Exciting Lecture on the Future of Energy
Many citizens listen to public talk of Prof. Ferdi Schüth
How will mobility, electricity and heating change in the future? Prof. Ferdi Schüth gave an exciting overview for the interested general public. Many citizens of Mülheim came to the institute.
How will our cars be powered in the future? How will we heat our homes and where will our electricity come from? In a public lecture, Prof. Ferdi Schüth, Director at the Max Planck Institut für Kohlenforschung, took a closer look at energy systems that are currently undergoing major changes - and will probably continue to do so in the coming decades. Schüth made clear that mankind is facing many challenges. However, with his positive, optimistic presentation, the chemist also gave hope that we will succeed in overcoming these challenges.
Schüth explained that systems are changing. Many things are being electrified while at the same time CO2 emissions are being reduced. "This is due to the fact that energy we harvest from renewable resources, be it wind or solar, is mainly electric," said the professor.
One challenge is the highly fluctuating supply of wind and solar energy. Schüth said that theoretically, a small fraction of the Sahara desert filled up with solar panels would be sufficient to supply humanity with the energy it needs. "But even in the Sahara, the sun doesn't always shine." And even in particularly windy places in the world, there are lulls. This means that electricity grid operators have to react to peaks as well as to times when there is no power input. "We need intelligent alternatives and storage options." Schüth suggested remunerating power plant operators for keeping their conventional power plants on standby so that lulls could be absorbed. The technology in the field of batteries has also developed strongly in recent years.
Private cars, predicts Schüth, will mainly be battery-powered in the future. However, this does not necessarily apply to freight transport, shipping and air traffic. "The best electric cars can compete with combustion engines in terms of range," says Schüth. However, he highly doubts that a battery-powered Boeing 747 will take off anywhere soon.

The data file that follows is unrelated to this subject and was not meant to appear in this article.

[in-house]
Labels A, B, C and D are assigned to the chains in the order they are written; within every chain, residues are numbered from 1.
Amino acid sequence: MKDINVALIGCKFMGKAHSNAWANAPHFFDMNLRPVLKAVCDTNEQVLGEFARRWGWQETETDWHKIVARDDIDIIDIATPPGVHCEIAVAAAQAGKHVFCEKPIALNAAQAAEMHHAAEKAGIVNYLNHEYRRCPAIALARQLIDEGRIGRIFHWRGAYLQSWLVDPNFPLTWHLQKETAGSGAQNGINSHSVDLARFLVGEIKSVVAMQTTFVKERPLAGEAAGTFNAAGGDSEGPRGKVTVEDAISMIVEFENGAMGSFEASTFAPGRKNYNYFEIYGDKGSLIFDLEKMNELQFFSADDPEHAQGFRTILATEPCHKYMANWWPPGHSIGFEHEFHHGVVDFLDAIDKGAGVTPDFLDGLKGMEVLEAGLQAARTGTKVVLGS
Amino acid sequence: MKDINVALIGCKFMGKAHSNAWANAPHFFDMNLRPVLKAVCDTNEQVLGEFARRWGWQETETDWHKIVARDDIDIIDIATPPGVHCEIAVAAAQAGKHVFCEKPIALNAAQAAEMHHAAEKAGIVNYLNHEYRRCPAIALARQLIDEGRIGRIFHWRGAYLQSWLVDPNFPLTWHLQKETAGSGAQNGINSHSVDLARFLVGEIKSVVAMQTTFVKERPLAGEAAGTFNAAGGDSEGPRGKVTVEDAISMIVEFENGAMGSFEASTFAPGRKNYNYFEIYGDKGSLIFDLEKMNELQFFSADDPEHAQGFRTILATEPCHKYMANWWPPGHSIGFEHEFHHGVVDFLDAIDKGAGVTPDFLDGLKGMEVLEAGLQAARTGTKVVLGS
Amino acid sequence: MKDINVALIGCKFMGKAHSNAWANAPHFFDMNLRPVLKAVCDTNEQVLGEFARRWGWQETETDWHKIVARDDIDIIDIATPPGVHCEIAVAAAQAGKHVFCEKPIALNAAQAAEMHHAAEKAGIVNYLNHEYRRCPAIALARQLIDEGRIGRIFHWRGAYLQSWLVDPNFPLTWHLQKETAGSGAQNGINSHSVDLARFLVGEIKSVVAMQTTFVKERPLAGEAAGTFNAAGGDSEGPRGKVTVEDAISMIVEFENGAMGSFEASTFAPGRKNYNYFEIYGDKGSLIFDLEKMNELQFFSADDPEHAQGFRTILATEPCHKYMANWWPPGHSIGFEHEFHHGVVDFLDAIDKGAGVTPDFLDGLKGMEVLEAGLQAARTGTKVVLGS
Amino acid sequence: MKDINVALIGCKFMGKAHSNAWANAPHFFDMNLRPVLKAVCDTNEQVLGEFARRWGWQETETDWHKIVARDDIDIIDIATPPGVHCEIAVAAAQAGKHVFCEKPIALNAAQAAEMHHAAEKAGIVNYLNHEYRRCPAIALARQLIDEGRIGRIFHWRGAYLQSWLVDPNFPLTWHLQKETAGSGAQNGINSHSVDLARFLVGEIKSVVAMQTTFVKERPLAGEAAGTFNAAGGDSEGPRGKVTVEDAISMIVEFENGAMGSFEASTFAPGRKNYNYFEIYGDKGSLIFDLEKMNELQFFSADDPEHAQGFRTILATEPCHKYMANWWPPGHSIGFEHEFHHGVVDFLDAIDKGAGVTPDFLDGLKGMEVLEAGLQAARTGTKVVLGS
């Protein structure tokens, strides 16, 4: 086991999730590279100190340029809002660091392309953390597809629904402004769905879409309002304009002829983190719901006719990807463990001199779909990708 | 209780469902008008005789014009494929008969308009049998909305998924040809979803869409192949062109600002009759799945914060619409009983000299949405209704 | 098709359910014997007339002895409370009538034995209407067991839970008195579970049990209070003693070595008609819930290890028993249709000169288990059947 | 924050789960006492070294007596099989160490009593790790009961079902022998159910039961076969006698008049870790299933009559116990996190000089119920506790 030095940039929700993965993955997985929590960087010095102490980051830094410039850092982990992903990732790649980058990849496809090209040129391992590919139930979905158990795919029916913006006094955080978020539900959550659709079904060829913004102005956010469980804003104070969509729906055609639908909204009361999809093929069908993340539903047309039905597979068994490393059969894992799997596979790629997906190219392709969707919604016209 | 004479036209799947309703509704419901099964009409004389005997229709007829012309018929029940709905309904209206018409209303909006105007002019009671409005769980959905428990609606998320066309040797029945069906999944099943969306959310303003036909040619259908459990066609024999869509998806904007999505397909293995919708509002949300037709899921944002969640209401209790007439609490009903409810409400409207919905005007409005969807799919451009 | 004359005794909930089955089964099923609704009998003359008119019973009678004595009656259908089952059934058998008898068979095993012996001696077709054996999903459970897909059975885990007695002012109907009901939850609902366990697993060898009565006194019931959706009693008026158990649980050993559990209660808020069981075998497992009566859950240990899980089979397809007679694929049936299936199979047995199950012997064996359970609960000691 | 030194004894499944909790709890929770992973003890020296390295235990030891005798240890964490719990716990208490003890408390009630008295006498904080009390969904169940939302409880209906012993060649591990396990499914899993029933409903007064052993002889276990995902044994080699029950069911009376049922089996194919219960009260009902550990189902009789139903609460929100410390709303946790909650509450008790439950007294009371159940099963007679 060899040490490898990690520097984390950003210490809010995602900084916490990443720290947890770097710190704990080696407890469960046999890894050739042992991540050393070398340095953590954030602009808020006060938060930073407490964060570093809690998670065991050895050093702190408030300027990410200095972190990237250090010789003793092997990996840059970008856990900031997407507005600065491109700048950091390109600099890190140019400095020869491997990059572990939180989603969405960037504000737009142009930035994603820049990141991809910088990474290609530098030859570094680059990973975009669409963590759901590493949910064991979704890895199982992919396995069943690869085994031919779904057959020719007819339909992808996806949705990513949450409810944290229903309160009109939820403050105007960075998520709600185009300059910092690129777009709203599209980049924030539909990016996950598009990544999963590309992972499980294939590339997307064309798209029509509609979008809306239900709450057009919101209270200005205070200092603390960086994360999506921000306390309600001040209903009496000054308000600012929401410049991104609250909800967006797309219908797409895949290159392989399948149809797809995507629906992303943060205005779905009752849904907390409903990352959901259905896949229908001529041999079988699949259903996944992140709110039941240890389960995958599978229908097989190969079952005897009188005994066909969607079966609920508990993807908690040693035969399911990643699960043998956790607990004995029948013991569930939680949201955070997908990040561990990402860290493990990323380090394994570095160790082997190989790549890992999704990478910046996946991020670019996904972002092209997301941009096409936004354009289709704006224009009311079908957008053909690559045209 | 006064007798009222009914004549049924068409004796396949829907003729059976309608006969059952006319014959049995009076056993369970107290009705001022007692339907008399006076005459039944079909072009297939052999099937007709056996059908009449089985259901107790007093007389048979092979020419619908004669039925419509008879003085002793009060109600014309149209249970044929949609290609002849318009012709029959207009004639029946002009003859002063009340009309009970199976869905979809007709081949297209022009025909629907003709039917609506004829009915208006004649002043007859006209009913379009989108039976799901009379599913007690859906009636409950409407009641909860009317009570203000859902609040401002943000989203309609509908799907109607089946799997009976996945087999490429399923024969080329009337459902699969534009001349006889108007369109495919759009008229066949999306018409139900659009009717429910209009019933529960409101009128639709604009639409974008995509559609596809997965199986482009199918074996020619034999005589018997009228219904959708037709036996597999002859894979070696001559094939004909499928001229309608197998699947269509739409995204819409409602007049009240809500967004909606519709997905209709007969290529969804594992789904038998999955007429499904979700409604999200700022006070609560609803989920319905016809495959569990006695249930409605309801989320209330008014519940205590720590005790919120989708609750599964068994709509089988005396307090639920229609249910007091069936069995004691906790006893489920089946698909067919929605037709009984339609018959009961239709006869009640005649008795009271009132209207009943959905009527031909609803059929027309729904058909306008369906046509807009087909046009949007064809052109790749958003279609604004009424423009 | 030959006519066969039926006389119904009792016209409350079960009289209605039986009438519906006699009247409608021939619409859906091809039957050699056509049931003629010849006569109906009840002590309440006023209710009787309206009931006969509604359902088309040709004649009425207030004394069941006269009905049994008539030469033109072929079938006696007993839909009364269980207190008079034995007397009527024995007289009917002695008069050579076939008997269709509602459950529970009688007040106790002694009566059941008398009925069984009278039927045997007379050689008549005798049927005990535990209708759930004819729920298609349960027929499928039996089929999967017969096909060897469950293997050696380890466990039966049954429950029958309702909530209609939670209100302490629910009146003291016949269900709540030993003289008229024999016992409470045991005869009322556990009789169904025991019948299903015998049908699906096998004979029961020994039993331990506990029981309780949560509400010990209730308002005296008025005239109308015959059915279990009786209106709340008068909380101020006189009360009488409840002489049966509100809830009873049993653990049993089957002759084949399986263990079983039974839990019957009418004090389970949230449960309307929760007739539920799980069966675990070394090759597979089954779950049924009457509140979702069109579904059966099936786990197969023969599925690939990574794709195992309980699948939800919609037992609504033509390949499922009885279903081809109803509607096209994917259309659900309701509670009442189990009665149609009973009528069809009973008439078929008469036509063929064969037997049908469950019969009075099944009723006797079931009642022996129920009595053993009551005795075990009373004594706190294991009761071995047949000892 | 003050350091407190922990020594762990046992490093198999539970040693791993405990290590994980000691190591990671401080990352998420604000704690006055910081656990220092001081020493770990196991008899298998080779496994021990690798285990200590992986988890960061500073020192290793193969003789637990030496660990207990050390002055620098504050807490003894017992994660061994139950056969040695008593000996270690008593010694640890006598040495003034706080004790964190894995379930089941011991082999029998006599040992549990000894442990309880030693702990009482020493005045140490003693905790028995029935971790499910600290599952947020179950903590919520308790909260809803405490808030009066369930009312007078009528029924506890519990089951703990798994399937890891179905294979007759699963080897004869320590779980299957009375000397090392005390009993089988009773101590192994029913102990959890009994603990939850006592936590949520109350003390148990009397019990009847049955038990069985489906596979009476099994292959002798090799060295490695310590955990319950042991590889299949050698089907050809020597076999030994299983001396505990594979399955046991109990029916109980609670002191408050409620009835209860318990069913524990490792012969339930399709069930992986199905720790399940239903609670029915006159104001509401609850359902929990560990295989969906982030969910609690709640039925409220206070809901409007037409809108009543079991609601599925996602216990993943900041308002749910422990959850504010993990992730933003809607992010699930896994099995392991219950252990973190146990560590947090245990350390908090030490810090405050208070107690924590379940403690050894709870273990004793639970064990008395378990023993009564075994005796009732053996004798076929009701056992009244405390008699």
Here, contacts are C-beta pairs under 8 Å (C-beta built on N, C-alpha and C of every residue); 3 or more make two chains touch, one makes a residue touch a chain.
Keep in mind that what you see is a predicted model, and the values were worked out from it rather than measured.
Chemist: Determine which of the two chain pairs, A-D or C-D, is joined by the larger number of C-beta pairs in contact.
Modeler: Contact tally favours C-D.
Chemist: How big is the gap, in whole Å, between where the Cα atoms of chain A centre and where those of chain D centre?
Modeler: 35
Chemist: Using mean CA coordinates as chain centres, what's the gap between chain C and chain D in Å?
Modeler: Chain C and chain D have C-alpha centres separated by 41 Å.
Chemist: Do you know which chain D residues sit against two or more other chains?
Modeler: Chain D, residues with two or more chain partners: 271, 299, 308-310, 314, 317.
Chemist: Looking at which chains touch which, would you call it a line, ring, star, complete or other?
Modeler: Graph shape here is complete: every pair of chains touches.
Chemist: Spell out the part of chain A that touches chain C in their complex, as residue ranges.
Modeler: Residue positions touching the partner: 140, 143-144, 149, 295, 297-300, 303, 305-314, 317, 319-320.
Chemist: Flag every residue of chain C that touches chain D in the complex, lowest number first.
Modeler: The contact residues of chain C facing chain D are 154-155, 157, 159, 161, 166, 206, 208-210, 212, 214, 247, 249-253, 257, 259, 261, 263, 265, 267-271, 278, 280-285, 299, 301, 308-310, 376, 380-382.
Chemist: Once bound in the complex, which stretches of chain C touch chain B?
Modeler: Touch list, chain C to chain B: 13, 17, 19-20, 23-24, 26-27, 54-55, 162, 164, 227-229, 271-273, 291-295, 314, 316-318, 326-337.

Schüth is certain that the problem of high heating costs, which is currently preoccupying many citizens, will no longer be so virulent in the future. "Yes, we have difficult times ahead of us." Nevertheless, thanks to increasingly better-insulated buildings, at some point it will simply no longer be necessary to heat as much as we do now.
Despite all technological developments, Schüth warned that cutting carbon emissions alone would not be enough to stop climate change. "We need negative emissions," he emphasized. This means not only reducing the amount of CO2 entering the atmosphere, but also filtering out the carbon dioxide that is already in the atmosphere.
Around 200 Mülheim citizens followed the entertaining presentation with great interest. Many of them then took the opportunity to talk to scientists from Ferdi Schüth's team about which research projects at the institute are currently dealing with energy issues.
Because the lecture was so well received and there is still great demand, Prof. Ferdi Schüth will hold his lecture again on Thursday, November 16, 6.30 pm. Admission to the event in the lecture hall building of the Max Planck Institut für Kohlenforschung, Lembkestraße 7, is at 6 pm. If you wish to attend, please register in advance: email@example.com.